YouTube bans North Korea’s state-owned TV channel
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YouTube bans North Korea’s state-owned TV channel

POPULAR video-sharing site YouTube has blocked North Korea’s state television channel, purportedly to avoid breaching U.S. sanctions against the totalitarian state.

The Korean Central Television’s page, which broadcasts breaking news videos including Pyongyang’s nuclear tests and leader Kim Jong Un’s outings, now has a message saying “the account has been terminated for violating YouTube’s Community Guidelines”.

YouTube’s community guidelines bans harmful, dangerous, violent and graphic content, as well as videos that violate copyright laws or that contain threats and that may incite others to commit violence.

According to The Washington Post, the action to terminate the account was taken in November because the North Korean government could earn money from YouTube through advertisements, which would in turn violate a U.S. directive that bans any person or company from doing business with the hermitted state.

The report said Google, YouTube’s parent company, has declined to comment on the matter.

“We don’t comment on individual videos or channels, but we do disable accounts that violate our terms of service or community guidelines, and when we are required by law to do so,” the paper quoted Taj Meadows, Google’s Asia head of communications, as saying.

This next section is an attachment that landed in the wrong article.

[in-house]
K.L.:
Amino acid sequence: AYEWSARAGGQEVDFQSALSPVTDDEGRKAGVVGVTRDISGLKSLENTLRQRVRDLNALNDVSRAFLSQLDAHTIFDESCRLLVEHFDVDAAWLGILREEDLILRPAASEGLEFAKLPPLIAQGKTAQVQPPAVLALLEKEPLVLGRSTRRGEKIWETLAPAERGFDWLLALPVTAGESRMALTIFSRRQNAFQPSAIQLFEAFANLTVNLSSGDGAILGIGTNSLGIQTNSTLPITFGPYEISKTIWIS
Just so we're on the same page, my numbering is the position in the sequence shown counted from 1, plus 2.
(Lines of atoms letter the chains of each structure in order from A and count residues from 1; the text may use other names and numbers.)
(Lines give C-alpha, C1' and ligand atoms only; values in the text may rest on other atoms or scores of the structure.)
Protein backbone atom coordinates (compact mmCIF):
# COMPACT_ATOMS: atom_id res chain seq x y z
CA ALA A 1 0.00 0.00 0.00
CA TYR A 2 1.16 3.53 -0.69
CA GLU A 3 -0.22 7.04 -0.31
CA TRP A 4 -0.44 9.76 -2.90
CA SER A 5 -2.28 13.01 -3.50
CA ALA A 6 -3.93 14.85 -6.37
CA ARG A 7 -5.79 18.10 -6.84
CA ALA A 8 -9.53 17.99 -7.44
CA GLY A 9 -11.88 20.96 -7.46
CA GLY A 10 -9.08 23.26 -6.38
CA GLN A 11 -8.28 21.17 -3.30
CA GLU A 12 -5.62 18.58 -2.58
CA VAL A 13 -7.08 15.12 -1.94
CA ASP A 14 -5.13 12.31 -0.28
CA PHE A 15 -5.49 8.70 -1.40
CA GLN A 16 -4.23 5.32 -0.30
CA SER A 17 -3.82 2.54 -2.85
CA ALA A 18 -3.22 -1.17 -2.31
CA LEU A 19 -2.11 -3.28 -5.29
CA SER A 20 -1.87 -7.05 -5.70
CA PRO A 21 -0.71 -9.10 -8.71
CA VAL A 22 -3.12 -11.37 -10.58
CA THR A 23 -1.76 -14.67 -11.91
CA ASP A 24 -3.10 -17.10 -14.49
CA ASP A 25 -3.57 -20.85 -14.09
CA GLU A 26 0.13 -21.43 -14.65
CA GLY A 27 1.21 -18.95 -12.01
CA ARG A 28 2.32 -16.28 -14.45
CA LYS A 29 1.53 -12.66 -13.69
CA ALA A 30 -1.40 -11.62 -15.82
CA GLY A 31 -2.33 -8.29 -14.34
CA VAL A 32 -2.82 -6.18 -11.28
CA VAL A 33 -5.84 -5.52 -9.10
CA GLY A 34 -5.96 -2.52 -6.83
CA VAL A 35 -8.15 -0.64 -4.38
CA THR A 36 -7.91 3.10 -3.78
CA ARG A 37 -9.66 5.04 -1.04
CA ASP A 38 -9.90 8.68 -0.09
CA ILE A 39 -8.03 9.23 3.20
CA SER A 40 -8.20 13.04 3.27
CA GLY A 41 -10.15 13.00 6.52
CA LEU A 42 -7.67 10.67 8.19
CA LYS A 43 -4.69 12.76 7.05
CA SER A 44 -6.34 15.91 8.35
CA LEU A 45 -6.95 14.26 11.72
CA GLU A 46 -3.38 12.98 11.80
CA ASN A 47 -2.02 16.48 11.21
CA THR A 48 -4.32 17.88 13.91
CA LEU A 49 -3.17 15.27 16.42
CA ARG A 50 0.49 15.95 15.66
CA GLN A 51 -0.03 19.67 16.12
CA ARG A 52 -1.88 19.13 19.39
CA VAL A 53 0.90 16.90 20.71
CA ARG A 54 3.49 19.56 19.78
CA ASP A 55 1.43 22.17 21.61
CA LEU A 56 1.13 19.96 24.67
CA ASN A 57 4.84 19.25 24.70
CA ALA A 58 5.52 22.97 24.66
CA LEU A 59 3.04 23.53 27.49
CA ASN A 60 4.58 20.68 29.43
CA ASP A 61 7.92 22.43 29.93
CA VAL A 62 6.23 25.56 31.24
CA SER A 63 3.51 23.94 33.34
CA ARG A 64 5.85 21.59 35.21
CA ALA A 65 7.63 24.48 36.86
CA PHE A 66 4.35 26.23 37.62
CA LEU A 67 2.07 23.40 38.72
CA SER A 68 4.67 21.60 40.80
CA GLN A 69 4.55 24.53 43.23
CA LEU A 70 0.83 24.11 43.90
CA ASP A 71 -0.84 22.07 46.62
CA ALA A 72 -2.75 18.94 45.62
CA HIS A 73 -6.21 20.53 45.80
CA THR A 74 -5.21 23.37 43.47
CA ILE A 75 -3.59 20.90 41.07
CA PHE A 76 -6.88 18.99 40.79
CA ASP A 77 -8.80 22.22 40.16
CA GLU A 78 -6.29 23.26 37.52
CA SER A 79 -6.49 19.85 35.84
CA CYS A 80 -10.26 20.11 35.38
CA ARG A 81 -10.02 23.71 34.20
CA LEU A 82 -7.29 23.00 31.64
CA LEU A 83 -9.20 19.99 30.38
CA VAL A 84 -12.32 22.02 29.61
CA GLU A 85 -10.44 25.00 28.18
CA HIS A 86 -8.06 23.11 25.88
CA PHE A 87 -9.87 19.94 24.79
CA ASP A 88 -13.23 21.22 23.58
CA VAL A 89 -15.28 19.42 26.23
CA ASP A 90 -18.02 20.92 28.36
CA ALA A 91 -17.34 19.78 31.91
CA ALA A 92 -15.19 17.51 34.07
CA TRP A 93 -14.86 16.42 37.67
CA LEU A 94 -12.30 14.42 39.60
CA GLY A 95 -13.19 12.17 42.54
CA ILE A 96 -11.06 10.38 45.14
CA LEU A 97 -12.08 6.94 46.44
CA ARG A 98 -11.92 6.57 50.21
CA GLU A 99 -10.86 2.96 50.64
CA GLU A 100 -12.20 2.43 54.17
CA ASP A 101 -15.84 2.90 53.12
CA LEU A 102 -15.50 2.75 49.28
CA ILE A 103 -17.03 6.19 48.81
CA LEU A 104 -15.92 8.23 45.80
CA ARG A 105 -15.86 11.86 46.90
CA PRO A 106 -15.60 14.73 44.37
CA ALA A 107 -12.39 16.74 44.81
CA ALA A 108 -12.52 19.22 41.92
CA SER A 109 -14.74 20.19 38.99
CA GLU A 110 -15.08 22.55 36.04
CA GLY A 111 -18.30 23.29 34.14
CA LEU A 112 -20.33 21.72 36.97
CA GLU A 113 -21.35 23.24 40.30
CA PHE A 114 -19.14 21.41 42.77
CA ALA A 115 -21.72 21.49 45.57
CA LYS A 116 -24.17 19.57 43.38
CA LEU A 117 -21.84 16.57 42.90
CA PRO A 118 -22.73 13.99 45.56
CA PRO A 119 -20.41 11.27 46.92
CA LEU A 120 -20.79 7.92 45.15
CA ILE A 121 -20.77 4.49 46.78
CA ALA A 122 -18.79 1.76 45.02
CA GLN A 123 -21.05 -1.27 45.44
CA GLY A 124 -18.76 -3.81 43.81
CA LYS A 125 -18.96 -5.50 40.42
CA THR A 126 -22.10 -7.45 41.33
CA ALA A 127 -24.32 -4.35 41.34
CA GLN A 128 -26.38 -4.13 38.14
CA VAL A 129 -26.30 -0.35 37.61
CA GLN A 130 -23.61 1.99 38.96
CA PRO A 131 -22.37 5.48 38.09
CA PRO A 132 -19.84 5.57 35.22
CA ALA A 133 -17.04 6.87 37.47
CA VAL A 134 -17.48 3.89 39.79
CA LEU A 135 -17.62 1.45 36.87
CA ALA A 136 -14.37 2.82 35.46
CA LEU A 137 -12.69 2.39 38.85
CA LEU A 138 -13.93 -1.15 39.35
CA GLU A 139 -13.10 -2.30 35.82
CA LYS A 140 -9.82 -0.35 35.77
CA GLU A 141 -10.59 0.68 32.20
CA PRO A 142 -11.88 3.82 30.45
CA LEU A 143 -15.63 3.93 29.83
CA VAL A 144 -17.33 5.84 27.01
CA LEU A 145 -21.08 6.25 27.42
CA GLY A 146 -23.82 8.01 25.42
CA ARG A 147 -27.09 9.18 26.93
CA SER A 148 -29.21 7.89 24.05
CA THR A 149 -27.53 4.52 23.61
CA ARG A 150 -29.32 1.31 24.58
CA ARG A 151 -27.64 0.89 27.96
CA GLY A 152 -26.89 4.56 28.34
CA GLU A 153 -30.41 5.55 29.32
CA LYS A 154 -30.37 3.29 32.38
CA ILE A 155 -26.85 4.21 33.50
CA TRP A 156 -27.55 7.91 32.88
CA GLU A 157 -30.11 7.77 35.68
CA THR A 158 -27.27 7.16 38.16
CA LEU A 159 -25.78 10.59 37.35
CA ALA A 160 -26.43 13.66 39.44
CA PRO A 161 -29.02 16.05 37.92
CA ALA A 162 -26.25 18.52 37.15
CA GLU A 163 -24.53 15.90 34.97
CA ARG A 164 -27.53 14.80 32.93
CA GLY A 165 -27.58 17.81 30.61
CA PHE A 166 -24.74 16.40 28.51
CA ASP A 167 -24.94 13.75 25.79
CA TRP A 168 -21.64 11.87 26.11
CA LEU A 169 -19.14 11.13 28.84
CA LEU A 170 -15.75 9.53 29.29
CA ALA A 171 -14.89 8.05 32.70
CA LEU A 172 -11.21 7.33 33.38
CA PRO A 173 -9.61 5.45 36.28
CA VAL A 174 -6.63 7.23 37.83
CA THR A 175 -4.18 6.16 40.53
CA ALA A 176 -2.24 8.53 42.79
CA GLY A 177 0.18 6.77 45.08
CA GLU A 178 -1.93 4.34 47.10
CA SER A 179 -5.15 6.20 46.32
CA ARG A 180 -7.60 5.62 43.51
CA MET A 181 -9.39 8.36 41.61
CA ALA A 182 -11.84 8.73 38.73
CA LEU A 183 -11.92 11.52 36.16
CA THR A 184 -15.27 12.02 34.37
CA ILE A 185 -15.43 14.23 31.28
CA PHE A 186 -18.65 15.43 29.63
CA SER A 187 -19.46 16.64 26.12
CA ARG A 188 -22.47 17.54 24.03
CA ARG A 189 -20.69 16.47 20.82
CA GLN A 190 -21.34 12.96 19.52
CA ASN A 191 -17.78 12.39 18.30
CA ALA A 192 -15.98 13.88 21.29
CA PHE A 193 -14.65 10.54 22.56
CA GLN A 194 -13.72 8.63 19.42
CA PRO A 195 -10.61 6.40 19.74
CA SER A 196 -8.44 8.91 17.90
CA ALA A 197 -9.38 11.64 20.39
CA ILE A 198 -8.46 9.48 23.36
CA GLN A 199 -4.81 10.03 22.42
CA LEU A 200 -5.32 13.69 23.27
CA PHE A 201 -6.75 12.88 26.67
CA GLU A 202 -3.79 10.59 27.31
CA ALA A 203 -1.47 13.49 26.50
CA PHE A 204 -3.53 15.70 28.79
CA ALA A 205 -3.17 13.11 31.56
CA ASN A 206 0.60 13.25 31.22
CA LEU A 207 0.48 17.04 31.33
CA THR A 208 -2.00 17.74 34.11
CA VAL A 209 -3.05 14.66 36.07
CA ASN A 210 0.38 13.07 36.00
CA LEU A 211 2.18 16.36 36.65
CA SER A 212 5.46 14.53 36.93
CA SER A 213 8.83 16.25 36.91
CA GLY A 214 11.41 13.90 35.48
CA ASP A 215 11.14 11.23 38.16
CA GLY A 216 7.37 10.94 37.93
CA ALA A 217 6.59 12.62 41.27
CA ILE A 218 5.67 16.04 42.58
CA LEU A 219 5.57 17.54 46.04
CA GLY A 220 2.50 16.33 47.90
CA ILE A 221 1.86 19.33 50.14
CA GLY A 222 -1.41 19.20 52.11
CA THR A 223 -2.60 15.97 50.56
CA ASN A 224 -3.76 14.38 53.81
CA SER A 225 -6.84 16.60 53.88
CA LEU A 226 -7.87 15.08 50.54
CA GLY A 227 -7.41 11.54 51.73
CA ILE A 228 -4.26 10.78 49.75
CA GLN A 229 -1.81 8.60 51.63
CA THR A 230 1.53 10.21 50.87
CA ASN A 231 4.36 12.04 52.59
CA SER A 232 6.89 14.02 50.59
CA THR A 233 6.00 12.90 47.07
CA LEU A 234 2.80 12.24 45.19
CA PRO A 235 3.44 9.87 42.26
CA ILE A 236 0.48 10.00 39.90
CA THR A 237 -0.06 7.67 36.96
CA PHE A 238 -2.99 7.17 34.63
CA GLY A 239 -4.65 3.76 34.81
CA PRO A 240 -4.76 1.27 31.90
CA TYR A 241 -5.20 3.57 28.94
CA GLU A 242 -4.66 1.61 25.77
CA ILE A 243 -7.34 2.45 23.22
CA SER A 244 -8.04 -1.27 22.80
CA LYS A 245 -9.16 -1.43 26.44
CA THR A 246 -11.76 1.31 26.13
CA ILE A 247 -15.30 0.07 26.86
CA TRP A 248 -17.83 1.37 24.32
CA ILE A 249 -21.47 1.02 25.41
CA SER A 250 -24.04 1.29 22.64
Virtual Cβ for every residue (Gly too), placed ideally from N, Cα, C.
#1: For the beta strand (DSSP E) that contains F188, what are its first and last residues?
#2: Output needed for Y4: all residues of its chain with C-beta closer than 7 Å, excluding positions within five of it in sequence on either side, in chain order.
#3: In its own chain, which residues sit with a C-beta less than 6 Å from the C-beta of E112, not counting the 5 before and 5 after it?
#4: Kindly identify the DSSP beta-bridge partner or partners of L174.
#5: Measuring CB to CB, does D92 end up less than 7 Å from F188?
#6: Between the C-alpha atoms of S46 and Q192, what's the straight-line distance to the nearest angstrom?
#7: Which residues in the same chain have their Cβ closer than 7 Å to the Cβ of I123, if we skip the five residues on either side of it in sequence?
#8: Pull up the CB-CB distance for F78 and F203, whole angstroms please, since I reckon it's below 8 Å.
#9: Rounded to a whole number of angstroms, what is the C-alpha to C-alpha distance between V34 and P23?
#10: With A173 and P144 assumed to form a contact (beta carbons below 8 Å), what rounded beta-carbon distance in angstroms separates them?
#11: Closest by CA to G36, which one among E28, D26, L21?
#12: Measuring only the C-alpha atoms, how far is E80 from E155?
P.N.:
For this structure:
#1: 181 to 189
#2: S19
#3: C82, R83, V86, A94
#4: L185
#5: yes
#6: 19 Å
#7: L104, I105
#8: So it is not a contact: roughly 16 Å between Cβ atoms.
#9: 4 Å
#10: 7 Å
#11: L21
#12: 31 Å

A screen capture of the message that appears on the Korean Central Television’s blocked YouTube channel.

Earlier this month, top nuclear envoys from South Korea, the U.S. and Japan pledged to work toward implementing new sanctions against North Korea.

SEE ALSO: North Korea brands US call for unilateral sanctions ‘laughable’

The envoys of the three countries agreed to maintain a continuous information sharing system to monitor how and if the sanctions placed are in fact working.

This comes after the United Nations Security Council at the end of November voted to further tighten sanctions against Pyongyang following months of diplomatic back-and-forths on how best to respond to the regime repeatedly defying international sanctions and diplomatic pressure, as well as its September nuclear test.

According to Reuters, the newest sanctions include placing a limit on North Korea’s coal exports by about 60 percent with an annual sales cap of US$400.9 million, or 7.5 million metric tonnes, whichever is lower. Coal export is Pyongyang’s major export item.

The resolution also bans North Korean copper, nickel, silver and zinc exports – as well as the sale of socialist-style statues, which Pyongyang is famous for and exports mainly to African countries.

SEE ALSO: US indicts Chinese executives, firm linked to North Korea nuclear program

North Korea has rejected the resolution, calling it another attempt masterminded by the U.S. to deny Pyongyang its sovereignty.

The accusation has, however, been denied by U.S. Ambassador to the UN, Samantha Power.

“No resolution in New York will likely, tomorrow, persuade Pyongyang to cease its relentless pursuit of nuclear weapons. But this resolution imposes unprecedented costs on the DPRK (Democratic People’s Republic of Korea) regime for defying this council’s demands,” she insisted.

Additional reporting from Associated Press and Reuters.